January 13, 2012

Former WSJ writer ties recession to conservatives

Darren Leow / The Chicago Maroon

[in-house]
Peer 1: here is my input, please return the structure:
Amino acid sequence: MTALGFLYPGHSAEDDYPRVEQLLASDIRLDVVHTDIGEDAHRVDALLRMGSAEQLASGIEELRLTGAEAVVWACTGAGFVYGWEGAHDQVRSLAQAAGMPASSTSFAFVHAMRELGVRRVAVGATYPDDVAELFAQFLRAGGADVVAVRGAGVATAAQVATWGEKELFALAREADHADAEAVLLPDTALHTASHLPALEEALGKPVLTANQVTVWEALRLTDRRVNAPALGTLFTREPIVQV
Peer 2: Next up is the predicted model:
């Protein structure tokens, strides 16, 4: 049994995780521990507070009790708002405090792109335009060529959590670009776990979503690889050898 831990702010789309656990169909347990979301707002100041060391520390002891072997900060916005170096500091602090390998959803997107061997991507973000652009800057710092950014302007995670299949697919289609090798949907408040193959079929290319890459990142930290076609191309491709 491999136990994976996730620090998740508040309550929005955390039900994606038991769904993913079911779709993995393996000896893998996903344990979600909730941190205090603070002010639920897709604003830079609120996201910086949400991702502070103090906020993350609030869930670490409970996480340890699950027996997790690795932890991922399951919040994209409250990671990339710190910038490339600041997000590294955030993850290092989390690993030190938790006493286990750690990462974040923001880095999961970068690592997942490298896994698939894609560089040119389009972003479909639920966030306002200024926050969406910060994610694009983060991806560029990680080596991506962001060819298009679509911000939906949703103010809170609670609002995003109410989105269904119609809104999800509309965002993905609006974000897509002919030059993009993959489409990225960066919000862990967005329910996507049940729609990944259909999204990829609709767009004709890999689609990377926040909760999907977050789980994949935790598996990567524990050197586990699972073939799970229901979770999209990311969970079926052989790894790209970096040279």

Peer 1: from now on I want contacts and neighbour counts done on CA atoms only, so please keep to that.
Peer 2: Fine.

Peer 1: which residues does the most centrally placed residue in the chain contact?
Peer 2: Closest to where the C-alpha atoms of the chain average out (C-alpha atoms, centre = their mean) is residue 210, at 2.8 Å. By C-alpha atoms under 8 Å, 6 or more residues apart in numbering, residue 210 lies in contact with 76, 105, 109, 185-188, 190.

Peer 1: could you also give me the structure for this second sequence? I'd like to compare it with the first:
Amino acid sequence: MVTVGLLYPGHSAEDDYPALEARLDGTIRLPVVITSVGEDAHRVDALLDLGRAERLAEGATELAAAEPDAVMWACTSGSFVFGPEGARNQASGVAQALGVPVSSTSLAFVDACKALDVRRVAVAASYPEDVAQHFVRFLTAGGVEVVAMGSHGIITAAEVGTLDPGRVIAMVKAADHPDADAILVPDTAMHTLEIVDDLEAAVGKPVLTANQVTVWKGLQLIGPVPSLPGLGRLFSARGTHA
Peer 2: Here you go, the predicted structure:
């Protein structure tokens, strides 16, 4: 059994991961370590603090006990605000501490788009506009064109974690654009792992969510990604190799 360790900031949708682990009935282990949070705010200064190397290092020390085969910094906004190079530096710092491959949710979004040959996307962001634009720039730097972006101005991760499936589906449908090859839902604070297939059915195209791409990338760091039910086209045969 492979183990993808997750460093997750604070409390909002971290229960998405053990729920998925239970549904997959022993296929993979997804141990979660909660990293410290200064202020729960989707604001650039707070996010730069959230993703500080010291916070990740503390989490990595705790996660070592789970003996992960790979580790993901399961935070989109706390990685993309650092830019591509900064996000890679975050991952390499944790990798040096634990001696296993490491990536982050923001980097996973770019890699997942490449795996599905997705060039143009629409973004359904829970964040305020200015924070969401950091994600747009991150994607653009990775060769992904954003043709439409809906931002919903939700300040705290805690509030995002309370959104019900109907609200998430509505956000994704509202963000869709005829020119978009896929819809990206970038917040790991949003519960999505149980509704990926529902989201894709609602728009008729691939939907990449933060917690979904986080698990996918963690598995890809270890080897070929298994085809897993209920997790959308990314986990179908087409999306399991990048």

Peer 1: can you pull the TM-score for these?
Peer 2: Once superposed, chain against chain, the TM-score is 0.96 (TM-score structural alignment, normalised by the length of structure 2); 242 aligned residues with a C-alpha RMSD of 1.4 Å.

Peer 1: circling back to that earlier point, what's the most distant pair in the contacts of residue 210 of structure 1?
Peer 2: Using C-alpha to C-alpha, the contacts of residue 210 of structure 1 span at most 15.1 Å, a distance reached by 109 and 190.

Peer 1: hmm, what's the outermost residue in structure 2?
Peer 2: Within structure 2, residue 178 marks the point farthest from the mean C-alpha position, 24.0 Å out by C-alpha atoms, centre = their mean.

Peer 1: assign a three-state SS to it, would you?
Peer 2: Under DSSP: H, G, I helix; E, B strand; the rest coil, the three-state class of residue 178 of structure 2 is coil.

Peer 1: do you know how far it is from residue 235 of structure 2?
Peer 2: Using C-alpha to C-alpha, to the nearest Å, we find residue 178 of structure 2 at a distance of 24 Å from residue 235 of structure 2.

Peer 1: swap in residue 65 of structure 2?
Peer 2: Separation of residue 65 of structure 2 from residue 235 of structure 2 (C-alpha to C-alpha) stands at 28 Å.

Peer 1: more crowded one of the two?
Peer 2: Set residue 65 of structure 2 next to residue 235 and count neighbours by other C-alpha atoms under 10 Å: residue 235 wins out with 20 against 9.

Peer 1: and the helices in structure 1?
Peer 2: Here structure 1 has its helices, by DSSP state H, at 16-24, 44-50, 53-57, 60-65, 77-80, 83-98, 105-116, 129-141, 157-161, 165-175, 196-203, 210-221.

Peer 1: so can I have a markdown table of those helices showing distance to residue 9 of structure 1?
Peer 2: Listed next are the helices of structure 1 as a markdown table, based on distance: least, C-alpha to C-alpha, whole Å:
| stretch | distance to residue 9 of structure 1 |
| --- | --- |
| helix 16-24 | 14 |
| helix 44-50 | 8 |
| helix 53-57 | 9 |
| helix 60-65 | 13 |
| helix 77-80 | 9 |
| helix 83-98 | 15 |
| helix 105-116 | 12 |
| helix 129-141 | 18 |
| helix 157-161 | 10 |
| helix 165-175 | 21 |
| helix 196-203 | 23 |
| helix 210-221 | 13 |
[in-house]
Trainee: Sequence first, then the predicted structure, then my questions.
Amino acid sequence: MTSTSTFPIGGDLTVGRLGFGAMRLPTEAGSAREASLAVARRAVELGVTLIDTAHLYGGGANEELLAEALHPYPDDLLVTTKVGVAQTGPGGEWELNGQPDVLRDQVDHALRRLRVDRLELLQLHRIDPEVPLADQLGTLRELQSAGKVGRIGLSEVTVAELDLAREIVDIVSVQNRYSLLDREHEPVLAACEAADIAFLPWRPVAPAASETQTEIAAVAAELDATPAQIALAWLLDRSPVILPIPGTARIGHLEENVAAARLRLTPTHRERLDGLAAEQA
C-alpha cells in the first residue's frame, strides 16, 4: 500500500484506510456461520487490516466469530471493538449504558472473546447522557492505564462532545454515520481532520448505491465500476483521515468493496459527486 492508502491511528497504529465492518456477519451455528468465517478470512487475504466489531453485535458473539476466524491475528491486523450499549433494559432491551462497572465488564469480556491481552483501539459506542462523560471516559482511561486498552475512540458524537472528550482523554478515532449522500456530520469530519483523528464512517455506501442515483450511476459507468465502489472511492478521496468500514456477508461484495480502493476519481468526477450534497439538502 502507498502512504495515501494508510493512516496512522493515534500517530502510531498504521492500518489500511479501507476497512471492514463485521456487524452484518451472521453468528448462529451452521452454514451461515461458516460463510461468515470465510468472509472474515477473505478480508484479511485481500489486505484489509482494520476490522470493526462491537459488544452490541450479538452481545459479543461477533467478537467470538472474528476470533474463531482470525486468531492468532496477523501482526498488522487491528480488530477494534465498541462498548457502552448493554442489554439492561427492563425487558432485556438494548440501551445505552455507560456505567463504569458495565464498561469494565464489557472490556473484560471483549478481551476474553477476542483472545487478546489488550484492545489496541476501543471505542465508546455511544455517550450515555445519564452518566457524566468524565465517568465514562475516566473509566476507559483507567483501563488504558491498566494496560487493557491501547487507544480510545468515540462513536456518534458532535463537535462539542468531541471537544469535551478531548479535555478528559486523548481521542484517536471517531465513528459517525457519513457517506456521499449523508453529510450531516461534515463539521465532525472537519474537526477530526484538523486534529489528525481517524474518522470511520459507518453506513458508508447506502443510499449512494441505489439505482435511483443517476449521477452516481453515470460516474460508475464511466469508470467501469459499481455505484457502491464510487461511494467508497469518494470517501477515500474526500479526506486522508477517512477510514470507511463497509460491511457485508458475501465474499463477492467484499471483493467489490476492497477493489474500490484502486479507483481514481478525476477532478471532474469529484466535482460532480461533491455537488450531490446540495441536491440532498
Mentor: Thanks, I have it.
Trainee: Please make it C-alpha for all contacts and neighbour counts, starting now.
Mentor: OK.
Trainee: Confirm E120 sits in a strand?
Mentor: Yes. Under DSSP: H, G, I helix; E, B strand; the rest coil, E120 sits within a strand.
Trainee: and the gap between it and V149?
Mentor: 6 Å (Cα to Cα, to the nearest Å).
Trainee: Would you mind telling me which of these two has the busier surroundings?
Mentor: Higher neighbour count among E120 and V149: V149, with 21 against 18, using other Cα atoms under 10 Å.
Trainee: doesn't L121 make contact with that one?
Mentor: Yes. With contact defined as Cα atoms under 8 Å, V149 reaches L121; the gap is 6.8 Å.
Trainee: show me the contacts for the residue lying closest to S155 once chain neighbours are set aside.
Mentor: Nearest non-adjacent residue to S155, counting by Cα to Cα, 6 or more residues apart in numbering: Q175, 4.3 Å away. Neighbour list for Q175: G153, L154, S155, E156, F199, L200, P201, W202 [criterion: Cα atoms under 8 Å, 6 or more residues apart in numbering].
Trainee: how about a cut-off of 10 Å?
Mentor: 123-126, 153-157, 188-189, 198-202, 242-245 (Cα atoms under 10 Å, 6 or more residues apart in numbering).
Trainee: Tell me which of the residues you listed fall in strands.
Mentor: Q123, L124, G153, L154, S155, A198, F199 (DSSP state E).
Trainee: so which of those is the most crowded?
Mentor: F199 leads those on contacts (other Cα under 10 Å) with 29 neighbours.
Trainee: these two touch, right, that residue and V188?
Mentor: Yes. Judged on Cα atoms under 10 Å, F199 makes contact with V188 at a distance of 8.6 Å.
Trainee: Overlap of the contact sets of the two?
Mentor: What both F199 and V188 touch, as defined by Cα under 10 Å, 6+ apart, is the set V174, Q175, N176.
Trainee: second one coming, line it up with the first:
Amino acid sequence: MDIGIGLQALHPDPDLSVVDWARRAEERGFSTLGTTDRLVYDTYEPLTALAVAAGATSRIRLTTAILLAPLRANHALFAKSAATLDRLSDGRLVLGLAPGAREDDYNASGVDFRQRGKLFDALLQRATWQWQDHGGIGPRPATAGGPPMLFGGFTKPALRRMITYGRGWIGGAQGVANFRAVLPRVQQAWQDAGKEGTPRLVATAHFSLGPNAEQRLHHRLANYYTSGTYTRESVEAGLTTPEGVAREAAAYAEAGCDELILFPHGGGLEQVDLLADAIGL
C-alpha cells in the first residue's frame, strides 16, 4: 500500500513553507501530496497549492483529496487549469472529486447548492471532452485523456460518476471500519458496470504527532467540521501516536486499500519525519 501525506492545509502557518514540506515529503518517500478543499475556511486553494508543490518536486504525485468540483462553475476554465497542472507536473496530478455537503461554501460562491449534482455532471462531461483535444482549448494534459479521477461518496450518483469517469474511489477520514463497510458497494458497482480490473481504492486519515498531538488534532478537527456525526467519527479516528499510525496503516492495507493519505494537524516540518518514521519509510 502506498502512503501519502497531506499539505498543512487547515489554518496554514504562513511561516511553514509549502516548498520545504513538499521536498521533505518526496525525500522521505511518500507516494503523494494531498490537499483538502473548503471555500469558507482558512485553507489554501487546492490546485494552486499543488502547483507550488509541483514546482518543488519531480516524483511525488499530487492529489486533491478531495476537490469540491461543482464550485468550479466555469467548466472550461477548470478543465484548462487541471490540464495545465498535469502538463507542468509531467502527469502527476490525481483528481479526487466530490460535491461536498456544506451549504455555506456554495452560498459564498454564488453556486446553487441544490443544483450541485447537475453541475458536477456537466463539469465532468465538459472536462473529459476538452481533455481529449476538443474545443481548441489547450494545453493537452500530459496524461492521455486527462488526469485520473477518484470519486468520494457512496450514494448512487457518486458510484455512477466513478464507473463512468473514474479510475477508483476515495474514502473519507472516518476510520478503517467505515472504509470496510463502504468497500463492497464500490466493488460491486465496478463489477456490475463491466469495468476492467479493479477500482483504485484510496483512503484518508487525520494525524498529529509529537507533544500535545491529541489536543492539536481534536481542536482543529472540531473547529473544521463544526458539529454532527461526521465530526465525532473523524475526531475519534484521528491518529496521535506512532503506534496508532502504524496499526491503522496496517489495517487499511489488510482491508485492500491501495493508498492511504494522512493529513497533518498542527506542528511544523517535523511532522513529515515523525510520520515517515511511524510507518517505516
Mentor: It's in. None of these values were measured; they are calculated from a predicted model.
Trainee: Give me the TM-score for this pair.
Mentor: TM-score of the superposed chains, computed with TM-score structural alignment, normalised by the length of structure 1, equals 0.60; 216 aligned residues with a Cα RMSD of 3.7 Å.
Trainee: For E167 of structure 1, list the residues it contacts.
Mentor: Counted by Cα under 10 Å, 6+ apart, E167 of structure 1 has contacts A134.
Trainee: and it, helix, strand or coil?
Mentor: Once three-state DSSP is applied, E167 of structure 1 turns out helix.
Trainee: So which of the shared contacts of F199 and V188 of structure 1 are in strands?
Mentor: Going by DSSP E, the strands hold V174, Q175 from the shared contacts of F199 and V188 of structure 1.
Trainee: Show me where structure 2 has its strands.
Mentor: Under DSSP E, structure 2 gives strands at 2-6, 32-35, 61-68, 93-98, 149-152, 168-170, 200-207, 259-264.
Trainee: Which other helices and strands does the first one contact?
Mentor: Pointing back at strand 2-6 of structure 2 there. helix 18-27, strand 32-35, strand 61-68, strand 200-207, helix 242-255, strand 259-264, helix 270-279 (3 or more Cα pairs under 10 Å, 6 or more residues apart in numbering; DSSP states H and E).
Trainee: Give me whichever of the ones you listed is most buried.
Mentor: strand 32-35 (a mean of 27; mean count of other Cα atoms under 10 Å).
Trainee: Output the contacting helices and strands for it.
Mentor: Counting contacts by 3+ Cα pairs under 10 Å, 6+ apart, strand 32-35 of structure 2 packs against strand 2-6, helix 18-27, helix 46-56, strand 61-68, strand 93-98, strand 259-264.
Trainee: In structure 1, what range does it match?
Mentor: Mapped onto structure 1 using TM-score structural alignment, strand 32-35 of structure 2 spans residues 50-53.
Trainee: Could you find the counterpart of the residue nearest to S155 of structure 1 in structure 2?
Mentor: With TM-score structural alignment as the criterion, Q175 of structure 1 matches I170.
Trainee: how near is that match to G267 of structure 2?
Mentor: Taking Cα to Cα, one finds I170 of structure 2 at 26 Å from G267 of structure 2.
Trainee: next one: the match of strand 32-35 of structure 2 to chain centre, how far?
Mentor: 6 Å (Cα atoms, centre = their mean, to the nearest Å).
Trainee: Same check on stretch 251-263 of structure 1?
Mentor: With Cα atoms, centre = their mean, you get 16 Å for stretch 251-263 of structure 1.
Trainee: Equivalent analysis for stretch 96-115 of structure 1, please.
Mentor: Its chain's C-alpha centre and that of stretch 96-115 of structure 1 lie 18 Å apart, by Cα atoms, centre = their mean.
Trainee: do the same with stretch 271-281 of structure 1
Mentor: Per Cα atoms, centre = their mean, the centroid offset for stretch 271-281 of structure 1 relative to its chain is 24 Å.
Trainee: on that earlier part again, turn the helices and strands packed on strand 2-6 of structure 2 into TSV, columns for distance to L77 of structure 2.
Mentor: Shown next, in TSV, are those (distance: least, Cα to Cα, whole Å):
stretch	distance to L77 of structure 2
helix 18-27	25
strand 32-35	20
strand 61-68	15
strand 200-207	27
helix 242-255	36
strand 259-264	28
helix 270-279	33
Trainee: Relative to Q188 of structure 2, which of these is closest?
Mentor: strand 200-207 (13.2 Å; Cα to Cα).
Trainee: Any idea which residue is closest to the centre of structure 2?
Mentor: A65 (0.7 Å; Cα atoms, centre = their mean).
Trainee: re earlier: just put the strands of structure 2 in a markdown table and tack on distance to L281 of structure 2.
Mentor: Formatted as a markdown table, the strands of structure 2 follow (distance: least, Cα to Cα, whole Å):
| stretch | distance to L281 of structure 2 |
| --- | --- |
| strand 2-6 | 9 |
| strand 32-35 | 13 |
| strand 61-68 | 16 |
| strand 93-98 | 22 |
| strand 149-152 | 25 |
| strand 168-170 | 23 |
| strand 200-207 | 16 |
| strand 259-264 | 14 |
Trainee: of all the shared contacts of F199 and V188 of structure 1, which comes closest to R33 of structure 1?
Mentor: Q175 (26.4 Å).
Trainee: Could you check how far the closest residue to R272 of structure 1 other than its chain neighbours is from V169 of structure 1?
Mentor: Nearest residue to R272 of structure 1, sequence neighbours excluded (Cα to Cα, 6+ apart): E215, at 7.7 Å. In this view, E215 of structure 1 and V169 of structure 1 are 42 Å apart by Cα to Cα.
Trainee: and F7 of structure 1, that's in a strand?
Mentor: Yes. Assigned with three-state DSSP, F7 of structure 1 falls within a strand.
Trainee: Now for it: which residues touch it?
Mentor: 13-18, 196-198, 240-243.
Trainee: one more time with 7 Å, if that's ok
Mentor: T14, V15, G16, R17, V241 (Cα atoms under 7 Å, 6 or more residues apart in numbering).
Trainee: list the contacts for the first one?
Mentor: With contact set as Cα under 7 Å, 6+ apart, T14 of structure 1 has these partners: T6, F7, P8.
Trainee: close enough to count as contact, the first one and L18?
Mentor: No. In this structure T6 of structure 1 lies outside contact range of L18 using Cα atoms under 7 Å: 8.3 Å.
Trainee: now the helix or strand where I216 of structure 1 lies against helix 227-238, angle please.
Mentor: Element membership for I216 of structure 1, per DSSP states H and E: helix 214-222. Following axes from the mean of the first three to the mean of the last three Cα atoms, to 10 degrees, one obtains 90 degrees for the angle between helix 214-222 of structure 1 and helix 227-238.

Former Wall Street Journal columnist Thomas Frank (Ph.D. ’94) traced the dangerous practices behind the 2008 economic meltdown to the theories of the University of Chicago. He also predicted an American doomsday at the hands of conservative politics at a talk at International House on Wednesday. Frank attributed the crisis to economic experimentation and a lack of bank regulation—ideas, which he credited to the U of C, that are usually abandoned in times of economic crisis, he argued.However, the public’s response to the recession has been unusual, he said, with people continuing to support free-market economics instead of demanding extensions on employment insurance, more public works projects, and stronger unions.“Before 2009, the man in the bread line did not weep for the man lounging on his yacht,” Frank said.Frank, whose writing first appeared in the Maroon as a U of C grad student, said that the current reactions to the recession mark the fourth grassroots conservative movement in his lifetime. Thirty-two years ago, President Ronald Reagan—a former Hyde Park resident—introduced supply-side economics, and Frank said that since then, the conservative economic policy has been about “deregulation, de-unionization, and privatization.”The conservative right is most to blame for the recession, according to Frank, because of their scandals, incompetence, and free-market theories. The right went on a quest for “ideological purity,” purging its centrist leaders and not acknowledging deregulation as the cause of the crunch, Frank said.However, Frank also likened the Democrats to the General Assembly of World War I, in that both continued to fight a losing battle. He said that Democrats continue to struggle with incompetence and faulty policy, like how the British failed to recognize they were too ill-equipped to combat mechanized warfare with foot soldiers.If American political culture continues down this path, Frank believes that there are two possible outcomes. In one, history would correct for the damage done thus far; in the second, the conservative activists would continue their campaign so vehemently that parks, highways, and Social Security will disappear.He ended on an ominous note, saying that the situation in Washington is like a “seething Arcadia of all against all.”Frank arrived at the event 10 minutes late because of traffic on Lake Shore Drive. Explaining the delay, he brandished a print edition from that day’s Chicago Sun-Times with the headline, “Obama back to raise big bucks.” When an audience member asked where the big bucks were, Frank admitted that he did not know—but the purpose of his talk to was to breakdown the economic recession, or the lack of “big bucks.”